Jerry Maguire runs two hours and nineteen minutes, including credits. That’s a fairly lengthy runtime, but it makes sense because Jerry’s journey to become a good man has a few stumbling blocks like the one just mentioned. By that point in the film, Jerry’s succeeded in a few things, and he’s certainly more likable, but he’s not done growing. Jerry Maguire is about a man who one day realizes he can do better, but he comes to understand that becoming a better man is not the same thing as being a good one, hence his journey.
Thankfully, he gets a friend in the form of Rod Tidwell (Cuba Gooding, Jr. in his Oscar-winning role), who manages to expound helpful advice throughout the film, even if his ego is at the forefront. Watching the film now, it’s interesting just how much of Rod’s story can be seen as superficial. His big moments near the end involve him dancing in celebration over how much people love him and crying in celebration at getting a contract that will get him millions; at the same time, after the Christmas game, we see him cry and tell his wife he loves her and the kids in front of reporters, not because of the publicity, but because he needs to do it that second. Later, when he’s told about the deal on a talk show, he’s happy he’ll be making a ton of money, but he also uses that moment to thank the people in his life.
You know, it’s been almost 25 years since I first saw Jerry Maguire. I’ve grown quite a bit and am happy to report that I lived my life pretty well since then. I might not have a lot of friends now who I can just talk to, or write to, or meet up with, but I have had a lot of friends over the past quarter-century. Let’s just say, as much as I love being alone, I understand how important it is to have friends and loved ones, something Jerry comes to learn over the course of the film. As he wrote in his mission statement:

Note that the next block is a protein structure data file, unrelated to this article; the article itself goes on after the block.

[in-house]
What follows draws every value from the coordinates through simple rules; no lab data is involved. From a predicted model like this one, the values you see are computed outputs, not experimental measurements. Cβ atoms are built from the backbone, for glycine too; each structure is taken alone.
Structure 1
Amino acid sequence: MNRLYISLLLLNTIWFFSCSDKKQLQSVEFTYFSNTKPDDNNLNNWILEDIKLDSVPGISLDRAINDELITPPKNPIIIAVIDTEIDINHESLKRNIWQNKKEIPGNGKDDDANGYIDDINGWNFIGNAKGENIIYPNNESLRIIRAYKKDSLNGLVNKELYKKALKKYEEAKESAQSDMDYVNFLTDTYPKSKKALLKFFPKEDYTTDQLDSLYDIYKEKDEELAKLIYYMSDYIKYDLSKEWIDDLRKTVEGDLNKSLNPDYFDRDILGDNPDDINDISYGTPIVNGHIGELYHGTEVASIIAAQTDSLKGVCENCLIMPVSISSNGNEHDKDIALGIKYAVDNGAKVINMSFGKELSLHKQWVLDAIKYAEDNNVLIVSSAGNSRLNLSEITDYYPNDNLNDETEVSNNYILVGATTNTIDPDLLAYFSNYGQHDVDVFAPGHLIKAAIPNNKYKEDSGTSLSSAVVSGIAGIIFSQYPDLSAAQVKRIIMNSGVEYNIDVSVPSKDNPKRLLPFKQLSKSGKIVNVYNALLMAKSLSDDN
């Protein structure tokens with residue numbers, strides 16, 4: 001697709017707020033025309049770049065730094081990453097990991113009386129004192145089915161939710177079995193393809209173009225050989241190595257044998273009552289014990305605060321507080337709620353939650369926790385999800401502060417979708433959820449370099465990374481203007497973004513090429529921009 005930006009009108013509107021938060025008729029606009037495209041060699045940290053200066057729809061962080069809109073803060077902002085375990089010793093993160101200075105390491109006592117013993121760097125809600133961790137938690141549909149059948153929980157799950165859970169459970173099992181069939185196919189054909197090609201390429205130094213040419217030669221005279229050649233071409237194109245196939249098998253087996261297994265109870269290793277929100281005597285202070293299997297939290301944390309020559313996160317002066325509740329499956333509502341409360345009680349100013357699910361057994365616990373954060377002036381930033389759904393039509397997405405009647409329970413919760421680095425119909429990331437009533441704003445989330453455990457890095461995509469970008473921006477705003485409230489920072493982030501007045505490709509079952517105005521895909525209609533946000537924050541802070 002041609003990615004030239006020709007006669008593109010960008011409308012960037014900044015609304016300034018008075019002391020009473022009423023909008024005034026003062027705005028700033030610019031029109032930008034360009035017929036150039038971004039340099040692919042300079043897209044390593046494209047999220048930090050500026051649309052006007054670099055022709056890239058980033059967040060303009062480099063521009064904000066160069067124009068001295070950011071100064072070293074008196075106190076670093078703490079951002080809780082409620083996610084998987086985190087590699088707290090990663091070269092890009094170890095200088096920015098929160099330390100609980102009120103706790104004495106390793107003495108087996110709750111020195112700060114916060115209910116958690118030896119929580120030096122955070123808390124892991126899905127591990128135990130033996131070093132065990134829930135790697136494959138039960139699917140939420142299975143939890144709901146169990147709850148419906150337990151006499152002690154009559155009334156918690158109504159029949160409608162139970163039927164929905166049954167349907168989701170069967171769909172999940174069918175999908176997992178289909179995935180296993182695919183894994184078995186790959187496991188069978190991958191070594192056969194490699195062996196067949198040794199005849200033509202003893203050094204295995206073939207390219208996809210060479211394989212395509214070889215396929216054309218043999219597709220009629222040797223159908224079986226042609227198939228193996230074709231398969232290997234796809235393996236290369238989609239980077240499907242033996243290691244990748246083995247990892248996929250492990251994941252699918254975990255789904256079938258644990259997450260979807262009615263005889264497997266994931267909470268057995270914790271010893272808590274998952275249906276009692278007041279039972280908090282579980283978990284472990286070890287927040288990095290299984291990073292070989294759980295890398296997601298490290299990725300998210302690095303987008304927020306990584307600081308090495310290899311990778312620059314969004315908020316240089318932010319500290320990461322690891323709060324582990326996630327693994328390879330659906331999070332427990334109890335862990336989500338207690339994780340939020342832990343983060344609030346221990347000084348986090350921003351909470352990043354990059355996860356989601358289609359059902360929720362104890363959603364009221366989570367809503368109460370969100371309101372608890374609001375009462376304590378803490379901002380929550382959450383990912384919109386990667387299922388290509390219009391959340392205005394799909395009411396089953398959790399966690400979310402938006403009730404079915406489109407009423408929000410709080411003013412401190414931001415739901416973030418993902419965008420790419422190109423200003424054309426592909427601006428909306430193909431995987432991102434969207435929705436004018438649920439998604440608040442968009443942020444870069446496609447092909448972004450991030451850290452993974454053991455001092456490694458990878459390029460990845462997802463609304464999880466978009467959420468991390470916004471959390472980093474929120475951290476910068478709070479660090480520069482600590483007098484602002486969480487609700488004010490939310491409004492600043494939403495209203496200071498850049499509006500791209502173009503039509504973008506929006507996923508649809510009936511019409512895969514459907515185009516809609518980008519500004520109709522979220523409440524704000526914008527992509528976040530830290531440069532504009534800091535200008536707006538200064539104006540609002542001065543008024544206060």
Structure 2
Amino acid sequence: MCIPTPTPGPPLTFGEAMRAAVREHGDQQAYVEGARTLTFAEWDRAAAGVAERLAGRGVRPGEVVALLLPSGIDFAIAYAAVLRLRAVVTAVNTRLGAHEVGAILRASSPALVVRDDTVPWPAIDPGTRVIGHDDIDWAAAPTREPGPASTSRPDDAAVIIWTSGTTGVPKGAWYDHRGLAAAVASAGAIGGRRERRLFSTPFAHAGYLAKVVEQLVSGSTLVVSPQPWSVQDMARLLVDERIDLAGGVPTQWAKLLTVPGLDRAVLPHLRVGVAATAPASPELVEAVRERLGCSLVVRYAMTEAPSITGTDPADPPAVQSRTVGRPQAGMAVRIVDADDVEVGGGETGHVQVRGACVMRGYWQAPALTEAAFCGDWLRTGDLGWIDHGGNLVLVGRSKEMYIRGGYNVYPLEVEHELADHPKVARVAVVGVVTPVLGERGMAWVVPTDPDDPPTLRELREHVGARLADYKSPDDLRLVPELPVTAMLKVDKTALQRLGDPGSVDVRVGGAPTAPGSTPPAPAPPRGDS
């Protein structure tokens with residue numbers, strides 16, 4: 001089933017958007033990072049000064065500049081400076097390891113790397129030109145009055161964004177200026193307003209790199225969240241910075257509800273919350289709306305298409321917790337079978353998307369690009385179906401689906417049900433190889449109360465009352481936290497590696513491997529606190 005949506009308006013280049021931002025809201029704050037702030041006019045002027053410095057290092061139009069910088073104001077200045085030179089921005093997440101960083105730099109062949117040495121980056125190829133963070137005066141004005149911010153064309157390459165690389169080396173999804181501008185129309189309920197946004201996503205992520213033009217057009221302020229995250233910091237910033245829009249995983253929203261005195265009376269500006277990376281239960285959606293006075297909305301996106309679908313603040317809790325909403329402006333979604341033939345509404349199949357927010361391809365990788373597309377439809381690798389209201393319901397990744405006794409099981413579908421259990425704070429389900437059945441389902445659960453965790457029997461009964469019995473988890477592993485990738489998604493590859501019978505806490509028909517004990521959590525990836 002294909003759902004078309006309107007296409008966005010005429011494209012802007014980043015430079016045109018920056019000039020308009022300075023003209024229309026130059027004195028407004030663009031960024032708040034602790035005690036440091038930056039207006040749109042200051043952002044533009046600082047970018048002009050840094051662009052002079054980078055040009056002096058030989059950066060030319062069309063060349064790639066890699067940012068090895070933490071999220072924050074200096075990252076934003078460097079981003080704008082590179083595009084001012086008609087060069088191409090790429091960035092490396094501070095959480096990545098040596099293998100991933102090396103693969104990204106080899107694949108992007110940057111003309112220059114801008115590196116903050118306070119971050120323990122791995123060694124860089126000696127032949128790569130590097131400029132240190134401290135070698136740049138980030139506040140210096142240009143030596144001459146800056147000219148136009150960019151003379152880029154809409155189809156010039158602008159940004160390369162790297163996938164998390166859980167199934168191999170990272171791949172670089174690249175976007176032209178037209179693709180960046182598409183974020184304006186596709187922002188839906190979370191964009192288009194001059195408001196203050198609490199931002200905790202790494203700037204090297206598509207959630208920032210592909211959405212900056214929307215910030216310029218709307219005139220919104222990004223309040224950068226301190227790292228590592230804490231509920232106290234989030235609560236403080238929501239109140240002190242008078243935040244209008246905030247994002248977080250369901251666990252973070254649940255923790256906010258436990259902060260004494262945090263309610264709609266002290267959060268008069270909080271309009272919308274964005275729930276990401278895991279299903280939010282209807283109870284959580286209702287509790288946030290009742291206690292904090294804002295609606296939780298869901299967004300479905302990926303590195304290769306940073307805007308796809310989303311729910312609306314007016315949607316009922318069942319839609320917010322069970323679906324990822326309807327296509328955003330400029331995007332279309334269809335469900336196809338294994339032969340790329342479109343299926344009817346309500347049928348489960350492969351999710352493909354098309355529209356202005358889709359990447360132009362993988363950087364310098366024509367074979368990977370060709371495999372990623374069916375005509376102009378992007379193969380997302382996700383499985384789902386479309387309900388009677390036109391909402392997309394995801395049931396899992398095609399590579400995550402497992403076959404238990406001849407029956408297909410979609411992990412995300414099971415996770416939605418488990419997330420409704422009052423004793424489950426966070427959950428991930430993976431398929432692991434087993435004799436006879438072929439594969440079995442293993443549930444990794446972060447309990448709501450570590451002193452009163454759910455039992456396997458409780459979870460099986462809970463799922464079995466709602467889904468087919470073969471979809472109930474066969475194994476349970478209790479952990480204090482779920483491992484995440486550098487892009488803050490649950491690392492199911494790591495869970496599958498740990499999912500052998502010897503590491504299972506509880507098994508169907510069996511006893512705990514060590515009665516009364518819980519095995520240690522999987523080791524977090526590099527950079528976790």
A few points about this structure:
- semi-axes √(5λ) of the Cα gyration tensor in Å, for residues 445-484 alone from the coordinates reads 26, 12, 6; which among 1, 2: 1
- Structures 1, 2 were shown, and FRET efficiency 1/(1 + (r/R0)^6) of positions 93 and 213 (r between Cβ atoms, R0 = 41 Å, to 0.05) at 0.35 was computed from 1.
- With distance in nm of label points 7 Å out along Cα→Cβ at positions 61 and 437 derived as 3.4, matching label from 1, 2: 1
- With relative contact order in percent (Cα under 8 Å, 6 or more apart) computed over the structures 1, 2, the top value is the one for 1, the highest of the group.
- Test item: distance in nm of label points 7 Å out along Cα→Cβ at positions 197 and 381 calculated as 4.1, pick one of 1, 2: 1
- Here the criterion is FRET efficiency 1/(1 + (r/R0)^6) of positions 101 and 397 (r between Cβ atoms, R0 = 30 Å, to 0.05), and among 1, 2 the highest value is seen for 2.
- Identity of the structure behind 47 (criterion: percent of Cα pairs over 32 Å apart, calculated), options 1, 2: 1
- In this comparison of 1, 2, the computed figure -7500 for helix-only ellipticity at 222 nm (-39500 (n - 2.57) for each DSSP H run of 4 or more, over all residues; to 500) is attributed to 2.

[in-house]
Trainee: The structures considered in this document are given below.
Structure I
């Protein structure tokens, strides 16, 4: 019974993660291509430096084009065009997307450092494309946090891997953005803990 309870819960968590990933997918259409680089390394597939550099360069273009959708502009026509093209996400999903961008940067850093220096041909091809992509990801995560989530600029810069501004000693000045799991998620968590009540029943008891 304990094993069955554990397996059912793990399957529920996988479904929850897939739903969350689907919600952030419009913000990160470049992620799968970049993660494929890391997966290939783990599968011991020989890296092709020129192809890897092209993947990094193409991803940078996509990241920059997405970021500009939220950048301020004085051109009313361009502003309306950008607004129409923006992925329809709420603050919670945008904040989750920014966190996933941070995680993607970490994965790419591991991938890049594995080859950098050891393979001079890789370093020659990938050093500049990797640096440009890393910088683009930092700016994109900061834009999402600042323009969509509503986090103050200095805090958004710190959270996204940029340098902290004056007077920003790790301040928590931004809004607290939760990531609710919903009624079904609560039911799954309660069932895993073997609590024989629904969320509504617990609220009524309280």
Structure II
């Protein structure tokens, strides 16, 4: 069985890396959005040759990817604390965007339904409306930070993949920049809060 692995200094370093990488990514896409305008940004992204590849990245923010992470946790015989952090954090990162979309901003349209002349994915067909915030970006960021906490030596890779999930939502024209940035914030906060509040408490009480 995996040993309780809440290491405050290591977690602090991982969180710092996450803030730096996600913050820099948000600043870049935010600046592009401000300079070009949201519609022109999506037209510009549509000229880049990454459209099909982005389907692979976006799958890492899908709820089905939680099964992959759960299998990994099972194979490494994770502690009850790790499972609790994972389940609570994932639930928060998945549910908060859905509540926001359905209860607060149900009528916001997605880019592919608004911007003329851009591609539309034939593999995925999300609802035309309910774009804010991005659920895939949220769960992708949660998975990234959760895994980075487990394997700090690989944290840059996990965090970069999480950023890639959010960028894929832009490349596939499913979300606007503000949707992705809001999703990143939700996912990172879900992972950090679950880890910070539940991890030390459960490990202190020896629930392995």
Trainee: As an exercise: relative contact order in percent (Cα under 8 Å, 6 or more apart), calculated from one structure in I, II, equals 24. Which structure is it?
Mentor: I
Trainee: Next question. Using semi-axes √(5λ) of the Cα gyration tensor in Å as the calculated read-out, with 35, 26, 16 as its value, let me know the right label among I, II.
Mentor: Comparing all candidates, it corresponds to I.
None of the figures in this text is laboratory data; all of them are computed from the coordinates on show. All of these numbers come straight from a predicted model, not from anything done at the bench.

“The secret to this job is personal relationships.”
Heck, that’s the secret to life.
There’s a reason he has his journey—we need to see him continually grow. He might be the person willing to be better in order to become a good guy, but the old Jerry will always be a part of him. This is why his relationship with Rod is so important. For all of his shortcomings, Rod cares about his family and friends. Jerry begins the film as someone who can’t maintain a relationship, because even though he doesn’t want to be alone, he cannot commit to any kind of real intimacy. Let’s face it, his engagement with Avery is superficial. They might’ve cared for one another, but it wasn’t a mature relationship. She obviously wanted to be married to an asshole who walked around like a big shot (which, I guess, he was). He wanted her because, well, she’s attractive, works in the sports industry, and they got along well. As Jerry grows, it’s interesting to see him gravitate toward Dorothy. She, too, is attractive, works in the sports industry, and they also get along well, but there’s a major difference: she’s the mother of an incredible little kid named Ray. I would argue that Ray spurs on the first real step Jerry takes in becoming a better person.
When he wrote the mission statement at the start of the movie, he did so out of guilt more than anything. Jerry has Jesse Remo’s aforementioned words and finger-flipping to thank for this. It was a step, sure, but he also seemed to regret what he did the following morning. He also seemed perfectly fine continuing his life, before he was fired, and everything came crashing down.